MANILA — Health Secretary Dr. Paulyn Ubial said Thursday her department is ready to respect the decision of the Department of Education (DepEd) regarding their proposal to distribute condoms in schools in a bid to check the alarming rise in HIV cases among youths.
Ubial said that while they are determined to push for the proposal as they continue their discussions with DepEd, they will not oppose any unfavorable decision from the latter.
“We’re still talking to DepEd. Yung strategy, hindi naman namin ipipilit sa DepEd kung ayaw nila (We will not force DepEd to accept our proposal if they turn it down),” she said, adding that they would abide by whatever both sides would agree upon.
At the moment, she said, what is important is to ensure that teachers and school personnel are ready to provide students the right information on HIV and how it is spread, as well as proper counseling.
Acknowledging that some teachers would not be comfortable in implementing their strategy to distribute condoms in schools, Ubial said her department will begin their campaign in schools with an information drive on sexually transmitted infections, including HIV/AIDS.
The department has already developed a reference manual on HIV for school teachers, which they pilot-tested last year, she said, adding that the manual will also educate parents through parent-teacher associations to prepare them on how to discuss the health issue with their children.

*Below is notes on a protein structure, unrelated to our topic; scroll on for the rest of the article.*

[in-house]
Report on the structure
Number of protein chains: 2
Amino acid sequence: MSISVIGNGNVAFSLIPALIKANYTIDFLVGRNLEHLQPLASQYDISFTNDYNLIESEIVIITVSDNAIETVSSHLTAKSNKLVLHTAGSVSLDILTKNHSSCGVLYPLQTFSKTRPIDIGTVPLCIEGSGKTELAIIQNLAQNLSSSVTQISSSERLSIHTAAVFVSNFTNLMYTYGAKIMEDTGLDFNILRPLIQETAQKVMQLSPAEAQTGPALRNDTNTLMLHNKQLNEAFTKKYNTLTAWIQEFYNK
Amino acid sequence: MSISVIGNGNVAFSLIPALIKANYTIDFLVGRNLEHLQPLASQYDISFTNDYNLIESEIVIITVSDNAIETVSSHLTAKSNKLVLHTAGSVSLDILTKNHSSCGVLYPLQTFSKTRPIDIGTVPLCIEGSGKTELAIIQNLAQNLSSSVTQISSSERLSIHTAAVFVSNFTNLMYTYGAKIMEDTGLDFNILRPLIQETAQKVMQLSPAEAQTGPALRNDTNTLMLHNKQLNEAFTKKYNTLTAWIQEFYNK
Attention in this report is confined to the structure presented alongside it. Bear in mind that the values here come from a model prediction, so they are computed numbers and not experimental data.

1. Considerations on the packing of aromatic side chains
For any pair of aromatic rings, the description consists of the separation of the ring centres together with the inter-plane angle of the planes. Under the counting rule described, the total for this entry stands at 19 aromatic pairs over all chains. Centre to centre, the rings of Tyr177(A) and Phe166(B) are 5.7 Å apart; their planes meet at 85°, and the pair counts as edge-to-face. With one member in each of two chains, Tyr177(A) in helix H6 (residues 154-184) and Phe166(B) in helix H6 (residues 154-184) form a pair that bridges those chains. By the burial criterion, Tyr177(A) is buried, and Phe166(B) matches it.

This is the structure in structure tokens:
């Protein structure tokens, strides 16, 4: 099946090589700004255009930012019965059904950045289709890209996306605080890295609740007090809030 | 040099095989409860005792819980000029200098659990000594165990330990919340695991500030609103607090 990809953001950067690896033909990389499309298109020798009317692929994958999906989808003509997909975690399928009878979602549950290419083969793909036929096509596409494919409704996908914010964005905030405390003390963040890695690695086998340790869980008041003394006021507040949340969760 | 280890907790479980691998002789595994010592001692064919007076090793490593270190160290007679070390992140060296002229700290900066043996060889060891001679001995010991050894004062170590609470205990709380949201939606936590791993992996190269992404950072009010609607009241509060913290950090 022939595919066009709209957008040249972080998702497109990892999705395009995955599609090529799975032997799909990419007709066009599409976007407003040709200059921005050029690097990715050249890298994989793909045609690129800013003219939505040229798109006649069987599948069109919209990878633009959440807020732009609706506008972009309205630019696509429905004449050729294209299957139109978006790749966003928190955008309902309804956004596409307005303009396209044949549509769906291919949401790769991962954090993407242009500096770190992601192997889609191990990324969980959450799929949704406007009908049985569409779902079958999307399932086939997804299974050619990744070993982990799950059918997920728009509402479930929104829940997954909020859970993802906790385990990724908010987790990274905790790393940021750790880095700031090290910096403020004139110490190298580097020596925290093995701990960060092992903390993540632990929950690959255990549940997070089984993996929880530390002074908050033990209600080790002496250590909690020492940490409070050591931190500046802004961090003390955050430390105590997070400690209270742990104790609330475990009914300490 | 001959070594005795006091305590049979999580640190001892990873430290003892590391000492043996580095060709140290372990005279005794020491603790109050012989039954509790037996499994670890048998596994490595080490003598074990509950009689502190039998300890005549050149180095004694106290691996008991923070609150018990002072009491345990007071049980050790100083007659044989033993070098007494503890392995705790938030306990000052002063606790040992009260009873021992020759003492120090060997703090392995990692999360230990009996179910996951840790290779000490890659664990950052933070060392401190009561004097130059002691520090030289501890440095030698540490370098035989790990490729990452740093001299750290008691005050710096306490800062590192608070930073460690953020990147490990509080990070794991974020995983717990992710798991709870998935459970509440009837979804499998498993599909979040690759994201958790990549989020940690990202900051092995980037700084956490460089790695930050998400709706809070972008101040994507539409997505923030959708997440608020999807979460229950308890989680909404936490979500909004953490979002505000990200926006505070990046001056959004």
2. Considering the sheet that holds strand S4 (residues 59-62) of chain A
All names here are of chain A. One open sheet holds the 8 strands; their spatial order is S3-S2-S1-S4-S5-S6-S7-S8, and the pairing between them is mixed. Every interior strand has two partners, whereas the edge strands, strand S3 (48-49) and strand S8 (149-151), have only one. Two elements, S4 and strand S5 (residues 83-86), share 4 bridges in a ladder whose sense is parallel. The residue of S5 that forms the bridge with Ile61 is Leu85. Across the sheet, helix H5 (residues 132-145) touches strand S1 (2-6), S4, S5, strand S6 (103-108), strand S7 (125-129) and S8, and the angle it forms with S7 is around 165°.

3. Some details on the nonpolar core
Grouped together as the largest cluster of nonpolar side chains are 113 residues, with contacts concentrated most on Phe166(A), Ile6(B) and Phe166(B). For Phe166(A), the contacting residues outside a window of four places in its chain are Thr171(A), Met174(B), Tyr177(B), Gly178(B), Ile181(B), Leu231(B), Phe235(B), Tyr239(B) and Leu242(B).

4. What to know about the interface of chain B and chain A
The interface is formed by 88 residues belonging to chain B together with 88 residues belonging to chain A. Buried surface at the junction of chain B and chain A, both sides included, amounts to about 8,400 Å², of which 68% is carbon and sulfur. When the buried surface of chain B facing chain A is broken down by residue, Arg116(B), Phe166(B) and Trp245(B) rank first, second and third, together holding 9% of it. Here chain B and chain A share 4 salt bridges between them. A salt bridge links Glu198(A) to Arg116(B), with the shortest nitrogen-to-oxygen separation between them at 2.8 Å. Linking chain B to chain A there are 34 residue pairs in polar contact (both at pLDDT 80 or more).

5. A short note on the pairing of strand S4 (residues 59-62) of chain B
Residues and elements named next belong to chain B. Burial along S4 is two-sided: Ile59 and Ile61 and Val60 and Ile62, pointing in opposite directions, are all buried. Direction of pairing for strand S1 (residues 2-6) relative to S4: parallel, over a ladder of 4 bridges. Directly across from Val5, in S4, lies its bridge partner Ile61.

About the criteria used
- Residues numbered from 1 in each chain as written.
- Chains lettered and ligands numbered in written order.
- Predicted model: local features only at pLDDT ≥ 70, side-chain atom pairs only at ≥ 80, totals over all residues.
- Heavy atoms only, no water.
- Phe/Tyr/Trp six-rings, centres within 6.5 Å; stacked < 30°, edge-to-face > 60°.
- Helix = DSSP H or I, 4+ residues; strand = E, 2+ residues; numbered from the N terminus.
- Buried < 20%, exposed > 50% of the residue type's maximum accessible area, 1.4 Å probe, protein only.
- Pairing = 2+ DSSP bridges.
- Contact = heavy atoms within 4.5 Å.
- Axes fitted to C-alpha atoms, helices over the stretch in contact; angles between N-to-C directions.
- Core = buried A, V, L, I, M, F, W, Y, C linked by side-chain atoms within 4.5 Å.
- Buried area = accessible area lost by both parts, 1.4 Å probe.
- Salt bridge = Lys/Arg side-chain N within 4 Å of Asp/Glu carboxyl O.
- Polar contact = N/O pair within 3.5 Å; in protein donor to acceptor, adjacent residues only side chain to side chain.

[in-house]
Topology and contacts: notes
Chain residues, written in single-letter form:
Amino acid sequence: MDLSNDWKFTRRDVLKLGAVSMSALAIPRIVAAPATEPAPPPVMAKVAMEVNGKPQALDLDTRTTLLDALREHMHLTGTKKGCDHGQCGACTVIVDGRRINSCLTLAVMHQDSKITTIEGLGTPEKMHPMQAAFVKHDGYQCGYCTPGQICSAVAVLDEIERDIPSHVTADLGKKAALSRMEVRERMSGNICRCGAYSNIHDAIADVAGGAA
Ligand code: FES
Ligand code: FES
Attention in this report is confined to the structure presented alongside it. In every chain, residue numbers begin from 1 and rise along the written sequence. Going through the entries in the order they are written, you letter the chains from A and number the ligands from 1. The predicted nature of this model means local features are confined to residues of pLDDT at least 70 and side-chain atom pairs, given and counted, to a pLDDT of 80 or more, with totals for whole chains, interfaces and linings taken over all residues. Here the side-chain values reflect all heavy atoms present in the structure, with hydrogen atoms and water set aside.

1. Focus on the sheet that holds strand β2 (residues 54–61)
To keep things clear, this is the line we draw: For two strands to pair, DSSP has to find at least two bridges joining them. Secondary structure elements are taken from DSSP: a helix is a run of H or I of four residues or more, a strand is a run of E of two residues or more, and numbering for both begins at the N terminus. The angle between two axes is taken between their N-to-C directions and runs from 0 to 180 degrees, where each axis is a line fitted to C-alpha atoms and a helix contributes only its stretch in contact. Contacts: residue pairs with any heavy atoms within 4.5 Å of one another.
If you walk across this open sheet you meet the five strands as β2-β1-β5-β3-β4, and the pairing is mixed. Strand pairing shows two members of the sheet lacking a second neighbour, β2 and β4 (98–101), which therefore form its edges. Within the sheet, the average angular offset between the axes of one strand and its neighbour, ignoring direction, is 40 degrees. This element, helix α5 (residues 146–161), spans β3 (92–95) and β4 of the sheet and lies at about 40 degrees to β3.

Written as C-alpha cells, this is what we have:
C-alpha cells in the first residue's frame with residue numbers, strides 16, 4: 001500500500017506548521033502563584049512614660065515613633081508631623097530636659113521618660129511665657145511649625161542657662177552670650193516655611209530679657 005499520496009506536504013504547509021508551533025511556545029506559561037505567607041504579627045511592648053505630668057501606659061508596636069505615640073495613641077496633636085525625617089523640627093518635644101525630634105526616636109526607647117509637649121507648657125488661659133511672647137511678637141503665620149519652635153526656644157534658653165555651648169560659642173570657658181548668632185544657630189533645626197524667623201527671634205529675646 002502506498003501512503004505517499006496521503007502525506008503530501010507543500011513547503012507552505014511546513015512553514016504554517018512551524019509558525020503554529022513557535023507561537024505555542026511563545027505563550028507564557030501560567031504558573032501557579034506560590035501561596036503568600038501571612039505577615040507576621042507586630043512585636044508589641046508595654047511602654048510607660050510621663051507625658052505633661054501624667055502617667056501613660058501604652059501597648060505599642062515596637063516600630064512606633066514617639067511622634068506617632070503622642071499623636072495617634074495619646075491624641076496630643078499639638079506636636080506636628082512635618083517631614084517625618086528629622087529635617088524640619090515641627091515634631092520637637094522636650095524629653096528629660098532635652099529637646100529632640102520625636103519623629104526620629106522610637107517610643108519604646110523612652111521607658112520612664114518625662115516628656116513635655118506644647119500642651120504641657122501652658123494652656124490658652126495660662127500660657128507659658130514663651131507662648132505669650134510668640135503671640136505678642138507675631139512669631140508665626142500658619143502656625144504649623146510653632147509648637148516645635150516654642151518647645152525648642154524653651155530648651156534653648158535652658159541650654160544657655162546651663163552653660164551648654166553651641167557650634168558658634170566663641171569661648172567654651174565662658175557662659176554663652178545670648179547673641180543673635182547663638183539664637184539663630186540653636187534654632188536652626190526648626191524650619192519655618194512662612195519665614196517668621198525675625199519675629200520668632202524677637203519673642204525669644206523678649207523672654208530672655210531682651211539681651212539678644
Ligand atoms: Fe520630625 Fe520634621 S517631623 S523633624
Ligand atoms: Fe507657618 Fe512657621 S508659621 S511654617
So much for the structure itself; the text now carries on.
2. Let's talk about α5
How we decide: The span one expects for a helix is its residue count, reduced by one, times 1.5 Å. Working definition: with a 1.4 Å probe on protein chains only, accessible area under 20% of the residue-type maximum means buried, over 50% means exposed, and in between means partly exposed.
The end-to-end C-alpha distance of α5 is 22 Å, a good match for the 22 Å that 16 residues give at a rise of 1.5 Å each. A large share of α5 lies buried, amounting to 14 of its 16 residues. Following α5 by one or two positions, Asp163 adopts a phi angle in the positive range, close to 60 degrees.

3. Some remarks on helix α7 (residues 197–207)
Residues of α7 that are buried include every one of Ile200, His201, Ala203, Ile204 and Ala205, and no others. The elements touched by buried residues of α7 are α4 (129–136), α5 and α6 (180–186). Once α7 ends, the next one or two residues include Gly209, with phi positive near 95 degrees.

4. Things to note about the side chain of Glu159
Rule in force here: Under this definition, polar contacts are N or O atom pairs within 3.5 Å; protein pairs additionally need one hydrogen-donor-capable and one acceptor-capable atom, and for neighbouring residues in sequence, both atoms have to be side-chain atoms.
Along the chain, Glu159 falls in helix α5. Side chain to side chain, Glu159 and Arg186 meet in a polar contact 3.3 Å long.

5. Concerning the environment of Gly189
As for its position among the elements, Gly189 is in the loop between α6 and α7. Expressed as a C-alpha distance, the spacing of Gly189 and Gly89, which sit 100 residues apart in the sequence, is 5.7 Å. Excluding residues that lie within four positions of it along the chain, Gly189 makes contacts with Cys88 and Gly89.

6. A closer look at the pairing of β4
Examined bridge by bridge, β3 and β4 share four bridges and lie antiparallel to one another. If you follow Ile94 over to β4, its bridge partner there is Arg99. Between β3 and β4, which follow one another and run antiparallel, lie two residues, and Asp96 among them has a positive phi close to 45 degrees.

She further disclosed that the strategy to distribute condoms is not a “stand-alone policy” of the Department of Health (DOH) but is one of six strategies under the National AIDS Medium-Term Plan. The plan was developed to deal with the spike in the country’s HIV cases, particularly among the youth.
The strategies in the medium-term plan, which she said have been proven to be safe and effective in other countries, include access to condoms; expanding of information to children and youths with special focus on knowledge, attitude and practices; and scaling of prevention activities among key affected population with the introduction of a new approach.
The health chief pointed out that the youth was brought into the campaign due to the rise in HIV cases among those in the 15-24 age group, as well as the risky sexual behaviors of minors, hence the need to give the young the necessary life skills to prevent such risky behaviors.
Meanwhile, the health department is also eyeing the possibility of tapping the youth to educate and protect their peers from HIV transmission.
“We will make the youths become the advocates to their classmates and friends… Our main strategy will be information and education for the youth,” Ubial said, explaining that the youths will be given training and counseling by their teachers, using the reference materials on HIV.
The health chief also said that they welcome suggestions from all sectors on how to combat the increase in HIV cases, as the issue concerns everyone and not just the DOH. Leilani Junio/PNA-northboundasia.com